7 OpenZeppelin Contracts You Should Always Use

Improve your smart contract development with OpenZeppelin

Alex Roan
Alex Roan
Apr 23 · 4 min read
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OpenZeppelin’s smart contract repository is an invaluable resource for Ethereum developers. It has community-vetted implementations of ERC token standards, security protocols, and other utilities that enable developers to focus on functionality, reducing the need to reinvent the wheel.

“A library for secure smart contract development. Build on a solid foundation of community-vetted code.” — OpenZeppelin.com

Note: In this article, we’re using OpenZeppelin contracts version 2.5.x, where all contracts are compiled using solidity compiler version 0.5.x.

Controlling Access

1. Ownable

The onlyOwner pattern provided by the Ownable contract is a primitive but highly effective pattern for restricting access to certain functions. This makes it a very popular choice for smart contract developers.

It implements the premise that the address that deployed the smart contract is its owner. Certain functions, like transferring ownership, should only be allowed to be called from the owner's address.

Figure 1 shows the Ownable contract.

Figure 1: Ownable contract

Notice how setting the owner of the contract is handled by the constructor on line 23. As soon as any child contract is initialized, the address which initializes it will, by default, become the _owner.

Figure 2 shows a simple implementation of extending the Ownable contract:

Figure 2: Ownable Contract

By adding the onlyOwner custom modifier to restrictedFunction(), only the owner of the contract can successfully call it.

2. Roles

The next level up from Ownable is the Roles library, which allows more than just one owner role to be implemented. This is handy when a contract has functions for multiple access levels.

Figure 3 shows the Roles library.

Figure 3: Roles.sol

Being a library, you can’t extend it as you would an abstract contract. Instead, contracts using this library use a using statement to declare that the functions provided by the library be used for a specific data type.

For example, figure 4 shows a contract which uses the Roles library to restrict functions to two roles: _minters and _burners.

Figure 4: Using Roles

Line 8 declares that this contract must use the Roles library for any operations that occur on Roles.Role data types. Line 18 shows this being used in _minters.add() add() being a function provided by the Roles library.

Arithmetic

3. SafeMath

Never write mathematic calculations using bare arithmetic operators like plus, minus, divide, and multiply. Unless you specifically check for under and overflow vulnerabilities, you can’t guarantee the calculations will be safe.

This is where SafeMath comes in. It performs all the required checks you need to be confident that your calculations run correctly, without introducing vulnerabilities to your code.

Figure 5 shows the SafeMath library.

Figure 5: SafeMath library

Use this library the same way you’d use the Roles library, by declaring unit operations to be performed by SafeMath with a using statement. This can be seen in figure 6, on line 7. Line 10 shows the usage of the SafeMath library to perform subtraction.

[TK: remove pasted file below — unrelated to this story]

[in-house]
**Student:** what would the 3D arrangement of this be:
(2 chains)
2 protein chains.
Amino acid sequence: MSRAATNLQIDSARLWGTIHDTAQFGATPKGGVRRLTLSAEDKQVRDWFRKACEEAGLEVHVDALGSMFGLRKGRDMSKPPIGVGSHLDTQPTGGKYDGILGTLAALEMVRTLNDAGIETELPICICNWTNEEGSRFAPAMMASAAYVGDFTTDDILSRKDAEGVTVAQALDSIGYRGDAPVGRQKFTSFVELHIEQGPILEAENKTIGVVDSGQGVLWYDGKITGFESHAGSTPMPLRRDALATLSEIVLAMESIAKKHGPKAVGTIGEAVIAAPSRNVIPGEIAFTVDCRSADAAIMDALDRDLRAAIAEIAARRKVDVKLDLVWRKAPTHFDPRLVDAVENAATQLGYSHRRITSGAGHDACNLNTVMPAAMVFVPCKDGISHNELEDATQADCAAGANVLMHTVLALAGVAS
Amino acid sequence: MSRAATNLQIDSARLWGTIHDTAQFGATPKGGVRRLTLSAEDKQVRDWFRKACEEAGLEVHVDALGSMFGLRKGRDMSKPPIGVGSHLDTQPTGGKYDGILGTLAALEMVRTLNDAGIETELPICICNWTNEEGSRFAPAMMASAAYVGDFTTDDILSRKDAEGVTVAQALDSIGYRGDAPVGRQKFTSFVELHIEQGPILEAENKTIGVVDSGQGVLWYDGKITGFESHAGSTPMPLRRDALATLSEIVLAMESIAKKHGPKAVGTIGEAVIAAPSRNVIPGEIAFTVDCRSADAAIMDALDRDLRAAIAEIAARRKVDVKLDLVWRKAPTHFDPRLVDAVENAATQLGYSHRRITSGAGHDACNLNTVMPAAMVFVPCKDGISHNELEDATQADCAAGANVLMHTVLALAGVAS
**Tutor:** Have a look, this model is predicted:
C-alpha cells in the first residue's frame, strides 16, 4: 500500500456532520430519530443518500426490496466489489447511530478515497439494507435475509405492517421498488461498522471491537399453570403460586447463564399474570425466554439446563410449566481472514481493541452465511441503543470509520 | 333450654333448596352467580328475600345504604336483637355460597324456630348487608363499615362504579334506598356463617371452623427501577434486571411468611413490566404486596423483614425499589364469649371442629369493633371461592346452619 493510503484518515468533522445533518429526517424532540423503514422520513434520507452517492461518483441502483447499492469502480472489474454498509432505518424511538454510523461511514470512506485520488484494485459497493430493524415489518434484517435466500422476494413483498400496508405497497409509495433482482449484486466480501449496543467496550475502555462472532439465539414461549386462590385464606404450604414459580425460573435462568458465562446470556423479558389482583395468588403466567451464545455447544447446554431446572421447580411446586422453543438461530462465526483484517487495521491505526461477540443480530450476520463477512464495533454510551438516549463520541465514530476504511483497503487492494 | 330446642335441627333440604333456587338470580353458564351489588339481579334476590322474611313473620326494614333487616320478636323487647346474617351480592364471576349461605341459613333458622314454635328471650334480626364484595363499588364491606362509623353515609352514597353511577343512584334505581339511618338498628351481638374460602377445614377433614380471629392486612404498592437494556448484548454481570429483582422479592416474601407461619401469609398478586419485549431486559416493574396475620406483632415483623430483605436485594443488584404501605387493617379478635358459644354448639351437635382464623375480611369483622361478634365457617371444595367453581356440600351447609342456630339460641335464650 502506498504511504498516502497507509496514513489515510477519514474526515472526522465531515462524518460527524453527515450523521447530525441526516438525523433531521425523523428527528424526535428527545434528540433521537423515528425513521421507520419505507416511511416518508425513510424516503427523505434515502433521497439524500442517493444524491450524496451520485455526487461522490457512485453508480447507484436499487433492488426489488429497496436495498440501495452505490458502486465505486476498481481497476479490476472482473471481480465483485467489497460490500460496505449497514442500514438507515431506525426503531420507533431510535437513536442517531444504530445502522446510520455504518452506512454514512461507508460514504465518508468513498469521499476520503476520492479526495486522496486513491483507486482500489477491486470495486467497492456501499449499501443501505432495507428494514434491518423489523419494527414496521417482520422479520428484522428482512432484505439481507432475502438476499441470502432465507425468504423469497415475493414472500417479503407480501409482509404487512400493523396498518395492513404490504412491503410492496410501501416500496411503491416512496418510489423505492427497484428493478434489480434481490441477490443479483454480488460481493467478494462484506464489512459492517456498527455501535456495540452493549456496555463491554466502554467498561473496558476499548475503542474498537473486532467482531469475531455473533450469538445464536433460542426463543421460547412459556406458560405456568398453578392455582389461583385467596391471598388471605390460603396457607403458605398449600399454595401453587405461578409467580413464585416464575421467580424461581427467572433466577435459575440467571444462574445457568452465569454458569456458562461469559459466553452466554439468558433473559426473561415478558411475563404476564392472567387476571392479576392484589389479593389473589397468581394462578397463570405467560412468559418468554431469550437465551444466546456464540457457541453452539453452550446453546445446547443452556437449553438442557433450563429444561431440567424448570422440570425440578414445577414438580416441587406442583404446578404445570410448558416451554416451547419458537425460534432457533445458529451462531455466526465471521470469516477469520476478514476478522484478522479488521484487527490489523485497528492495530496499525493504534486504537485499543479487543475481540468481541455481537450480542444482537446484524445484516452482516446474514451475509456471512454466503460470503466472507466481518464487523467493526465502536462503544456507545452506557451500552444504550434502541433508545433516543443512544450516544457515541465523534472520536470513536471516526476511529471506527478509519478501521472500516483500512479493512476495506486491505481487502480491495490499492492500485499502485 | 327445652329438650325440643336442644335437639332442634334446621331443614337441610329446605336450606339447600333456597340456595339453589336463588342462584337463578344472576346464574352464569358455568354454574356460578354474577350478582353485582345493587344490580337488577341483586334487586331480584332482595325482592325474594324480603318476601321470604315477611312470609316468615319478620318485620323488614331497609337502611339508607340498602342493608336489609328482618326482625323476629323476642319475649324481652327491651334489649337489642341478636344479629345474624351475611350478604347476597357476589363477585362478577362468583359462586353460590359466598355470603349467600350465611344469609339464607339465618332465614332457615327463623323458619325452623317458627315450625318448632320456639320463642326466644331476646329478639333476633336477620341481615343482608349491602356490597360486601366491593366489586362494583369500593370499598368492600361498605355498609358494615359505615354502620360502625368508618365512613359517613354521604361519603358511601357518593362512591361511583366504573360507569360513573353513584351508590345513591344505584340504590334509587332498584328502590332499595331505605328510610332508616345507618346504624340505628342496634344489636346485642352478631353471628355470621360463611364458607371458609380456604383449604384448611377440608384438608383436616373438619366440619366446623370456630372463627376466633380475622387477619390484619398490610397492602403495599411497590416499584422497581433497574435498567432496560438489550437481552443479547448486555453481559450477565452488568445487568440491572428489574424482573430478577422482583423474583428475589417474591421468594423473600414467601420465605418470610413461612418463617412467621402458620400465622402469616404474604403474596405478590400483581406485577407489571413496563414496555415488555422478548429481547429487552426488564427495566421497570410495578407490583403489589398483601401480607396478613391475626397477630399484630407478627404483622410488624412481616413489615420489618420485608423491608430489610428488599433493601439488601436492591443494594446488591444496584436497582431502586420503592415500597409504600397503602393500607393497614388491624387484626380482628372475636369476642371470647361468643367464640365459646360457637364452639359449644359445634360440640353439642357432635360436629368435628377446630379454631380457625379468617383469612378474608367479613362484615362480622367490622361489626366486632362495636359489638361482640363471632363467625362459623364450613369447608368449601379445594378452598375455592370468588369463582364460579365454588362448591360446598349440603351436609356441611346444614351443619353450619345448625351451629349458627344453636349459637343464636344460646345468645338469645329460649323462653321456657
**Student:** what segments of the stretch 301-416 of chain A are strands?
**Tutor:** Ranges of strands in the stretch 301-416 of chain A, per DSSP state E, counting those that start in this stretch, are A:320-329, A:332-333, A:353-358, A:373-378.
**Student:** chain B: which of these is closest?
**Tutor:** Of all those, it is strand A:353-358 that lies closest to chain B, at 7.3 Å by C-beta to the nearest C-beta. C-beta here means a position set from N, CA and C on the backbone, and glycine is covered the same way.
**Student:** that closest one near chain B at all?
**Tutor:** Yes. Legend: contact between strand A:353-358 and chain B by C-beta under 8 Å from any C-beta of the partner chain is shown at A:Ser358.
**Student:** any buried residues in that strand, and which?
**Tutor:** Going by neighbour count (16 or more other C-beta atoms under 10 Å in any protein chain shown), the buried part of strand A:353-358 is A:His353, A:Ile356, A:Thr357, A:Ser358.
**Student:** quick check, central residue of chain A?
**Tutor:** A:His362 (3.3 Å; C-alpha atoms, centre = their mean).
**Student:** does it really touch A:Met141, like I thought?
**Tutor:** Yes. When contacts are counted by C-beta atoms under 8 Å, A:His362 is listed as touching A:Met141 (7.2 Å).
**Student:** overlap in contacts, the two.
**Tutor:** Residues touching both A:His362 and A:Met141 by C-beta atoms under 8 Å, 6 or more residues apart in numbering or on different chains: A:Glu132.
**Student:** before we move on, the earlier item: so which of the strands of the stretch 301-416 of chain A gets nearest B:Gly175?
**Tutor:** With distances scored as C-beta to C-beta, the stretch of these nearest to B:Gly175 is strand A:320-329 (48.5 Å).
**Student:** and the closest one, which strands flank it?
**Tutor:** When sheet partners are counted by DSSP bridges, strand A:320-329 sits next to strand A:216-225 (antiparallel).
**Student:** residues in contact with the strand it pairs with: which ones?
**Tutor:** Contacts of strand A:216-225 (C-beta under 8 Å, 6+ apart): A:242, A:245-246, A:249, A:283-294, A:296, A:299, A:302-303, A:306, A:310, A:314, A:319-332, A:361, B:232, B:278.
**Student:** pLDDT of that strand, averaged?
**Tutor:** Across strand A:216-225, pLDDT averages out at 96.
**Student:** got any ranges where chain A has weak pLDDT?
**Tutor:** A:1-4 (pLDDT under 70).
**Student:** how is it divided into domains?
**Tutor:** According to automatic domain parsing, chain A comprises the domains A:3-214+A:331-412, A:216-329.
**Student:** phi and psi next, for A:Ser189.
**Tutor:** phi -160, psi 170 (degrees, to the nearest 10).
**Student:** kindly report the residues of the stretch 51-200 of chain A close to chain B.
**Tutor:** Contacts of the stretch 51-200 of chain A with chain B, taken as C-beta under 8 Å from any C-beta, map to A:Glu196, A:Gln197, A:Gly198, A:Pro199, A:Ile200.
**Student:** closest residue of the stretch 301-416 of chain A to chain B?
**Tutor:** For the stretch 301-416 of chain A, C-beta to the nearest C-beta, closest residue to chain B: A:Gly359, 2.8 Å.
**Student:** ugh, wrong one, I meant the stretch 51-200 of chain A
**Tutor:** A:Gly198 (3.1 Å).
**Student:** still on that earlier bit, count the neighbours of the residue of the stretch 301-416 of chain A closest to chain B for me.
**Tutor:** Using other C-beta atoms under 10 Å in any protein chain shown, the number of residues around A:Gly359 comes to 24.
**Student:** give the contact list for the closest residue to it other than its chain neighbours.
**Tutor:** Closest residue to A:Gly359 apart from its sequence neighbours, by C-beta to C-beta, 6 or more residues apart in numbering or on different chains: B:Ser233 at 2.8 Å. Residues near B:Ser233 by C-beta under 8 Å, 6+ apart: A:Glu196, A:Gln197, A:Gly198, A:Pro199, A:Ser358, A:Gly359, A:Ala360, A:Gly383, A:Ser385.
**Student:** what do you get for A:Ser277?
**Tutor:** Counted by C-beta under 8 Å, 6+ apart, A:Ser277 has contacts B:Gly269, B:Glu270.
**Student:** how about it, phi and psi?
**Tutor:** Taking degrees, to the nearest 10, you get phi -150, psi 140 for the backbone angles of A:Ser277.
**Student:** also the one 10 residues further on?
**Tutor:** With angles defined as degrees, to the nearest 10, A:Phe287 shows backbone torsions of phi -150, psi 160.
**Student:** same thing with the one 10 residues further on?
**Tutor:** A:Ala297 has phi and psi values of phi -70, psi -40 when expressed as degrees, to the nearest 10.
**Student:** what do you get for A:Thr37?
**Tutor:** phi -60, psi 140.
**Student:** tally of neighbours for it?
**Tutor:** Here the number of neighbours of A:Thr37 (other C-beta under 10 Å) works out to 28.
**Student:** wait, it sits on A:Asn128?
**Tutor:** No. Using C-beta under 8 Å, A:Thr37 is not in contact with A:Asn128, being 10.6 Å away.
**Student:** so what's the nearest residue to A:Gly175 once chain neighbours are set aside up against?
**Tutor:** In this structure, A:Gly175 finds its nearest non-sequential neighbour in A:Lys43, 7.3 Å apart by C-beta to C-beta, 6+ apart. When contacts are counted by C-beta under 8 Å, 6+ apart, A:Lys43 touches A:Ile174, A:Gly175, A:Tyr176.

Figure 6: Using SafeMath

4. SafeCast

As a smart contract developer, you should always be looking to save execution time and space. One way to save space is to use smaller sizes for integer data types. Unfortunately, if you’re using uint8 for a variable and want to do some SafeMath on it, you have to cast it up to uint (AKA uint256). If you want the result back in uint8 again, you have to cast it back. SafeCast enables you to do this without worrying about overflow issues.

Figure 7 shows the SafeCast library.

Figure 8 shows a basic implementation using the SafeCast library, casting uint to a uint8 datatype.

Figure 8: Using SafeCast

Tokens

5. ERC20Detailed

Don’t even think about writing a full ERC20 contract — OpenZeppelin has already done it for you. All you need to do is extend it and initialize it, the rest of the code is already done.

There are other options to choose from. For example, the basic ERC20 contract that OpenZeppelin provides is fine as long as you don’t need to name your token. ERC20Detailed has the added functionality to name it, provide a symbol, and the number of decimal places it has.

Figure 9 shows how easy it is to write an ERC20 token using ERC20 and ERC20Detailed contracts.

Figure 9: Custom ERC20 Token

6. ERC721Enumerable & ERC721Full

The same goes for ERC721, non-fungible tokens. You just don’t need to write a contract that conforms to the standard when it’s already been done.

Use the ERC721Enumberable instead of the basic ERC721 to make retrieving all the tokens that an address owns easier by calling _tokensOfOwner(address owner). Or, if you want all the bells and whistles, the ERC721Full contract comes with every additional extension. Figure 10 shows the implementation of ERC721Full.

Figure 10: Full ERC721

Utilities

7. Address

It’s difficult to know whether an address your smart contract is dealing with is an actual wallet or another smart contract. The Address contract provides a function called isContract() which returns a boolean answering that very question.

Figure 11 shows how to use isContract().

Further Reading

If you’re interested in blockchain development, I write tutorials, walkthroughs, hints, and tips on how to get started and build a portfolio. Check out some of these resources:

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